LONDON (Reuters) - A court on Tuesday convicted two men of the 1993 murder of black teenager Stephen Lawrence, a landmark case that exposed racism in the London police and led to a change in the law allowing suspects to be tried twice for the same crime.
The 18-year-old student was stabbed to death at a bus stop in southeast London in an unprovoked attack by a gang of white youths shouting racist abuse.
Gary Dobson, 36, and David Norris, 35, were found guilty after a six-week trial that hinged on new scientific evidence presented by prosecutors.
Lawrence’s mother Doreen and father Neville wept as the verdicts were delivered at the Old Bailey, having spent years waging a high-profile campaign to get his killers brought to justice after police botched the initial investigation.
Dobson protested his innocence as he was led from court saying: “You have condemned an innocent man here, I hope you can live with yourselves.”
Doreen Lawrence said she felt a mixture of anger and relief. “How can I celebrate when my son lies buried? ... These verdicts will not bring my son back,” she told reporters outside court.
Stephen Lawrence is buried in Jamaica, from where his parents emigrated to Britain in the 1960s.
“Had the police done their job properly, I would have spent the last 18 years grieving for my son rather than fighting to get his killers caught,” she added. “The fact is, that racism and racist attacks are still happening in this country.”
The case became a catalyst for change after exposing deep-rooted failings in London’s Metropolitan Police, dominated by senior white officers in an increasingly multiracial society.
A 1999 report by senior judge William Macpherson said the murder had exposed “institutional racism” in the force and also accused officers of incompetence and a failure of leadership.
Since then, the police have overhauled their policies on racism and tried to recruit more officers from ethnic minorities, but the Lawrence case still weighs heavily on the force.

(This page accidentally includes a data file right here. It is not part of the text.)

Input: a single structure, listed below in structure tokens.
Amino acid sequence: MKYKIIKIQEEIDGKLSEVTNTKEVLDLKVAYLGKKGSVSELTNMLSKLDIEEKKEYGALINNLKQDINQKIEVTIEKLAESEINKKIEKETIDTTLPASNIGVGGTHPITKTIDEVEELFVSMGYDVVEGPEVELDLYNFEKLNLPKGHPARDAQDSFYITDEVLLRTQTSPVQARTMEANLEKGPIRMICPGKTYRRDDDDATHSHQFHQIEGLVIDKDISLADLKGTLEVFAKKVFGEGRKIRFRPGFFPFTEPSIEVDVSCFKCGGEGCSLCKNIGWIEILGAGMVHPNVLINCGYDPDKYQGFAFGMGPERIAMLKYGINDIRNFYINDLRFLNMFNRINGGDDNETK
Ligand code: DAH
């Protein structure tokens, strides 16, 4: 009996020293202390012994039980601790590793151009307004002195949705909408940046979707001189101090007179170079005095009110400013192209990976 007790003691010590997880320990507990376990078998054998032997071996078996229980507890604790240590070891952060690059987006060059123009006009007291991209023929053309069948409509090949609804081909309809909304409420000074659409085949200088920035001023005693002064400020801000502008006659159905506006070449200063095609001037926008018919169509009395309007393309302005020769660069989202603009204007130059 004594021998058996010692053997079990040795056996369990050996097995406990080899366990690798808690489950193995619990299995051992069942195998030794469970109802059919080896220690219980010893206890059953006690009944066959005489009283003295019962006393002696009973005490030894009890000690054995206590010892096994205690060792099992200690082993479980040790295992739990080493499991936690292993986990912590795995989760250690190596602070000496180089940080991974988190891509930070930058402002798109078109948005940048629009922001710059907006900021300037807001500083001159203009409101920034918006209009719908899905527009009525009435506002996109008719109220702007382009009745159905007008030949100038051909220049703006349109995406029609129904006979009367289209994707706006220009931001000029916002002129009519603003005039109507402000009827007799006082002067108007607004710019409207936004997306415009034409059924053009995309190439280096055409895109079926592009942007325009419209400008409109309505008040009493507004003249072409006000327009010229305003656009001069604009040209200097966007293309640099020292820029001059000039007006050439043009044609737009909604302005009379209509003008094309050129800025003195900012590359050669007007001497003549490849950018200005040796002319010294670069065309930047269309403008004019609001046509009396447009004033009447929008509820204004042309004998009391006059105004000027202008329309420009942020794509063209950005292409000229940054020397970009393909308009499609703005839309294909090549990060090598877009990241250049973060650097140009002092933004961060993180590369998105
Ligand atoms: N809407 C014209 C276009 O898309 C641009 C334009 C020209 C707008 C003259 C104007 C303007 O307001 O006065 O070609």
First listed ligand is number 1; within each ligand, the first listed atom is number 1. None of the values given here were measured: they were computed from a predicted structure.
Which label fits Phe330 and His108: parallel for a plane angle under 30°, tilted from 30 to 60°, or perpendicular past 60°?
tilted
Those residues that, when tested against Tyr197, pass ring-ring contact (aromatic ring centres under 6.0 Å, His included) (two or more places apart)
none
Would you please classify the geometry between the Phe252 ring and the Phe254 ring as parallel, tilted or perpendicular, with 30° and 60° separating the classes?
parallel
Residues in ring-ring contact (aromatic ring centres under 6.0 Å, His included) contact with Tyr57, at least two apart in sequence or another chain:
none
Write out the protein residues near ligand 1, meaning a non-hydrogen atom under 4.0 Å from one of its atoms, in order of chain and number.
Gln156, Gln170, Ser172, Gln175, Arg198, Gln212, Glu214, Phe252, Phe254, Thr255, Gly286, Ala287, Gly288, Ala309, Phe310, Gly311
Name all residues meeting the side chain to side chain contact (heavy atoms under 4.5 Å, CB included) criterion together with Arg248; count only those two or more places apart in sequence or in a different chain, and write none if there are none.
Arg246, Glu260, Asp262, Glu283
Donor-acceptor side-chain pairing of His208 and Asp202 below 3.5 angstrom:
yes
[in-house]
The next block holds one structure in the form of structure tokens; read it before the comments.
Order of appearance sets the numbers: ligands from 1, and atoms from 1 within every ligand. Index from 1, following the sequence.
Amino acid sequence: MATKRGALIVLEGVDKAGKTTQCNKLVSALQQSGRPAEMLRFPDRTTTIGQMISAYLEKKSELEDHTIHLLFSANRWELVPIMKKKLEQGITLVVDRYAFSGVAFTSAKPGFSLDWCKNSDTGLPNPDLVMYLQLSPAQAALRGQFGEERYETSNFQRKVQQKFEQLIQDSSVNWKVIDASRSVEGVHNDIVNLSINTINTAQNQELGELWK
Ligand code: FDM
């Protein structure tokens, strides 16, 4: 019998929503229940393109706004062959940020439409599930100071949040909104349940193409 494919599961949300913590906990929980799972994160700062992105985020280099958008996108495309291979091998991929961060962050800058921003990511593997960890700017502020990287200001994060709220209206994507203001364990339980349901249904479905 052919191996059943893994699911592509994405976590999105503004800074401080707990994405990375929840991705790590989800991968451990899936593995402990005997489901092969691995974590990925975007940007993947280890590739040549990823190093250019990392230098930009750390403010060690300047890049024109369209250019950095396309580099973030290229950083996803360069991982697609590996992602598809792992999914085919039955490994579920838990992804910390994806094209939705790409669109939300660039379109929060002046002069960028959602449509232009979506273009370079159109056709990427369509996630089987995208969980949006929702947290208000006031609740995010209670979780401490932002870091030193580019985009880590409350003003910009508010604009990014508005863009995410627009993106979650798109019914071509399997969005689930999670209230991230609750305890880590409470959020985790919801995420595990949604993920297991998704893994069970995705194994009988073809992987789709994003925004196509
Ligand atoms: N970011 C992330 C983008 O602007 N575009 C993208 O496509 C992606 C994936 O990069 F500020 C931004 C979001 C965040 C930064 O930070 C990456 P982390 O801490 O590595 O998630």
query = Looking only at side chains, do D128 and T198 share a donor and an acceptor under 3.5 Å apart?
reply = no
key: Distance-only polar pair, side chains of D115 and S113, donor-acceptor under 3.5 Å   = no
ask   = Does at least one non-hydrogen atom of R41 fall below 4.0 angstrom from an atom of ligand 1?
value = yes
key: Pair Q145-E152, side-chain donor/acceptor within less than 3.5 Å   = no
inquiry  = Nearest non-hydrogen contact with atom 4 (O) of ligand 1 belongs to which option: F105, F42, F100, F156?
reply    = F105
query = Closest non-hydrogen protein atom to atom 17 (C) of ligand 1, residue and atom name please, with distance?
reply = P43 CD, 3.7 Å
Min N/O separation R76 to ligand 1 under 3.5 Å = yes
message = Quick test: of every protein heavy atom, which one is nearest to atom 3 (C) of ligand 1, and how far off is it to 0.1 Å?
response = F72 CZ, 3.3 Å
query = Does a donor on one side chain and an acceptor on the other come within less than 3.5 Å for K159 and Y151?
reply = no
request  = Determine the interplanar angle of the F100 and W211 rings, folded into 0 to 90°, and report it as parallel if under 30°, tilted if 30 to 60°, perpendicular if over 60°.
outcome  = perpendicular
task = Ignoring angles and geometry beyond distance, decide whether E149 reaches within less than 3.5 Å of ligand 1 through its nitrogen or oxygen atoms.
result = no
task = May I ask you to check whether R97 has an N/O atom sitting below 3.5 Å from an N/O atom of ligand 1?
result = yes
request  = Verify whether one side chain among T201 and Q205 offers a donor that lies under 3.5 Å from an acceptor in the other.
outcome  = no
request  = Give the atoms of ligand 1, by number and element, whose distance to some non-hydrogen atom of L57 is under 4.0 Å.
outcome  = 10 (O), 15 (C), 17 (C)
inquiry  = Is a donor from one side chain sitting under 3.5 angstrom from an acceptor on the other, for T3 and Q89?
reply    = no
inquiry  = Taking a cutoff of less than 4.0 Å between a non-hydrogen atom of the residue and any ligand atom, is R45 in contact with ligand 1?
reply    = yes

Prime Minister David Cameron praised the Lawrence family for their tireless fight for justice.
“Today’s verdict cannot ease the pain of losing a son. But, for Doreen and Neville Lawrence, I hope that it brings at least some comfort after their years of struggle.”
Opposition Labour leader Ed Miliband said the case had been a “wake up call” for Britain.
“I am proud that 18 years on from Stephen’s murder, Britain is a much more tolerant and open country,” he said.
“We have new laws to prevent the stirring of racial hatred, while following the Macpherson Report, reforms were made to ensure that our public institutions are better representative and responsive to all the people,” he said.
“But we must never allow ourselves to become complacent about the threat of racism. And we must continue to confront it, in all its forms.”
The Lawrence case also helped end the judicial doctrine of double jeopardy, which had previously prevented suspects from being tried twice for the same crime.
One of the defendants, Dobson, had been acquitted of the murder in 1996 when a private prosecution brought by the teenager’s parents collapsed.
The Court of Appeal quashed that acquittal in May 2011 and said Dobson could stand trial again, a decision made possible after double jeopardy was scrapped in 2005.
The trial of Dobson and Norris, which began in November, hinged on new forensic evidence linking the two men to the murdered teenager.
Prosecutors said textile fibres, blood and hair belonging to Lawrence had been found on clothing seized from the defendants. The defence argued the clothes were contaminated during the investigation because officers did not store them properly.
The two men will be sentenced on Wednesday. They face a mandatory life term, with a minimum number of years to be set by the judge before they can be considered for release.
Reporting by Keith Weir and Estelle Shirbon